It’s quite obvious to some people why there is an inherent bias toward motorcyclists. They’re small and fast, so sometimes the police will be wary of who to blame when they arrive to a crash scene involving a motorcycle. The basic case against riders is that it’s seen as their job to make themselves seen and heard to car drivers. Due to the way cars are designed right now, the pillars block the vision of the driver from seeing a smaller object such as a motorcyclist. This means that drivers are more challenged to find where a rider might be at any given moment. Perhaps the most powerful reason for the bias against motorcyclists is that they can fit into more blind spots than a car could. Drivers are not trained to look for more than one blind spot. Their main blindspot to cars is just over their inner shoulder where their side mirrors cannot expose what is there. However, riders can fit into a blind spot that is on the outer shoulder of the driver too because they are much smaller than a car.

It’s also a fact that many riders who own and use high-performance motorcycles are prone to speeding. Since motorcycles cannot turn as well as cars even at low speed, when they are speeding riders need to take a long and wide line in and out of a corner. It’s not normal to drive over into another lane to make a turn which is why drivers react late to a rider doing this. Police and insurance companies know how motorcycles behave, but most drivers do not.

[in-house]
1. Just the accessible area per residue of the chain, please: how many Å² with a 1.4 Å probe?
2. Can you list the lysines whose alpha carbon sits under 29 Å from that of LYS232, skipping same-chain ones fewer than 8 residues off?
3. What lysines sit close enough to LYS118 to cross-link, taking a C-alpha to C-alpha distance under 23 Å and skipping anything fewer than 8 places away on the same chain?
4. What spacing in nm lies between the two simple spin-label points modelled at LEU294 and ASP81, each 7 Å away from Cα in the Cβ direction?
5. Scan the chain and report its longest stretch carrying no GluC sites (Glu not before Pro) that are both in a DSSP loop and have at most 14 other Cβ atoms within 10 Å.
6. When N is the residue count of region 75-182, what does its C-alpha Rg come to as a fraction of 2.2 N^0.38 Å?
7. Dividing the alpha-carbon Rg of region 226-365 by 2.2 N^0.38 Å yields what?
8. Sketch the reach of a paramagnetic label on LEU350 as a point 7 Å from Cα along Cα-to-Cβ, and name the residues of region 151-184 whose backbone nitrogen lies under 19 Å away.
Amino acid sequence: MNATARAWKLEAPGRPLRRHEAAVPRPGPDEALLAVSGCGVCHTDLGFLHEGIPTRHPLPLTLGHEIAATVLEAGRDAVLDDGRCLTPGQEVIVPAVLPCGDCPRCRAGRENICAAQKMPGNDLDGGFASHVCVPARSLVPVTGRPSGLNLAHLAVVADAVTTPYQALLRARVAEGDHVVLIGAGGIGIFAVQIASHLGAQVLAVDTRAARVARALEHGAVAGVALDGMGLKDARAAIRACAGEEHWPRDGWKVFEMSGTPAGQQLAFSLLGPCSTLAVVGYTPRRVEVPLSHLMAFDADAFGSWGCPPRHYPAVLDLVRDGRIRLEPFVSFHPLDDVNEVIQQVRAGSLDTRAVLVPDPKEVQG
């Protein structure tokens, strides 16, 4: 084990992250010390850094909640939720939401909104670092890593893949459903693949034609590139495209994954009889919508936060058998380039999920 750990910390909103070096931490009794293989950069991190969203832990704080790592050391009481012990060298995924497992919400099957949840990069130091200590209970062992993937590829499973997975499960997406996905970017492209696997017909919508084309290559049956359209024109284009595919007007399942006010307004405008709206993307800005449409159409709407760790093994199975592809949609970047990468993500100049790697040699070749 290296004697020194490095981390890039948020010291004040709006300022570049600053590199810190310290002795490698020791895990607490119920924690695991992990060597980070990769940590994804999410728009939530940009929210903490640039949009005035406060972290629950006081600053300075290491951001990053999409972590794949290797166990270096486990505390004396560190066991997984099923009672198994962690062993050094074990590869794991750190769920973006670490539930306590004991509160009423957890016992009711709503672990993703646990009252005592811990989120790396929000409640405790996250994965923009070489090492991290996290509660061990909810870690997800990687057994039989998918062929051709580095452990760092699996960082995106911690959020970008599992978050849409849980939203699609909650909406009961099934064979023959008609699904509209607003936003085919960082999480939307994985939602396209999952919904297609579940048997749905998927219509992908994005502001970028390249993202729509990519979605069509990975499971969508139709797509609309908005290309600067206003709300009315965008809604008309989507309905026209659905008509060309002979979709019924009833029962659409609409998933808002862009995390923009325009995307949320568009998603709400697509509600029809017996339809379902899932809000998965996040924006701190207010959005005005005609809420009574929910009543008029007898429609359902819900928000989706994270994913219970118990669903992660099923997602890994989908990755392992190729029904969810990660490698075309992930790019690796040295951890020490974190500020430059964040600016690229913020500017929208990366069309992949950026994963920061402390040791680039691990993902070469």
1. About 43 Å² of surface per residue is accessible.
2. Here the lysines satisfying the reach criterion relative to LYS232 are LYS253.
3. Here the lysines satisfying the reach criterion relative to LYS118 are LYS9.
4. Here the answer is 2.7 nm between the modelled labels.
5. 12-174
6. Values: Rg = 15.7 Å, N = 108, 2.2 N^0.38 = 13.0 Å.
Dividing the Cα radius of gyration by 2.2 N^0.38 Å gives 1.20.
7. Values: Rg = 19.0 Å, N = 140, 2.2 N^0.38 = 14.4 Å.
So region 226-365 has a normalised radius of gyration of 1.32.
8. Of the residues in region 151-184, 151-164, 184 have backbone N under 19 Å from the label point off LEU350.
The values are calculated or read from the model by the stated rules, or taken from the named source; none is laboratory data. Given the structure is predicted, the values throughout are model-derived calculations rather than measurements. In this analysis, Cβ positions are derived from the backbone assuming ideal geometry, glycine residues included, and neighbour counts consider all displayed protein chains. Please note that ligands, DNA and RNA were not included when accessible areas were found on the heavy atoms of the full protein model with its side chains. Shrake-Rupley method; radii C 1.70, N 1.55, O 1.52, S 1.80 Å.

Photo by pxhere

Fighting for innocence

Despite it being an unfair world for riders, this doesn’t mean you should just roll over and have your belly tickled like a dog. You should and must fight for your innocence when you have done nothing wrong. Serious injury lawyers are the type of legal team you need to contact when you have been hurt on the road as a motorcyclist. It’s in an insurance company’s interest to limit the amount of payment they give you and avoiding paying to fix your motorcycle. Any gap in time you allow to occur since the accident to your claim will be seen as weakness. Why would you take so long if you were so confident in your innocence they will say. Legal teams won’t allow them to get away with this and clearly point out their bias against you. They know that you as a motorcyclist do face an unfair prejudice and you’re an easy scapegoat for the party that caused the accident and their insurance. The lawyers will calculate all the costs that you have or potentially might incur for repairs of both vehicles and of course your medical bills. They’ll factor in emotional stress and any time you miss off work whereby you’re losing income.

The world on the roads is almost an opposite to the normal pedestrian way of moving about. Every driver and rider is going to be held to a much higher standard of safety because you’re all living with higher stakes. Every day there are fatal accidents on the roads and motorcycles riders are the majority victims. Yet there is a clear bias against riders because drivers aren’t trained to look out for and avoid riders. Don’t give them a chance to pin the blame on you when you’re involved in an accident by getting the right kind of protective equipment for your motorcycle.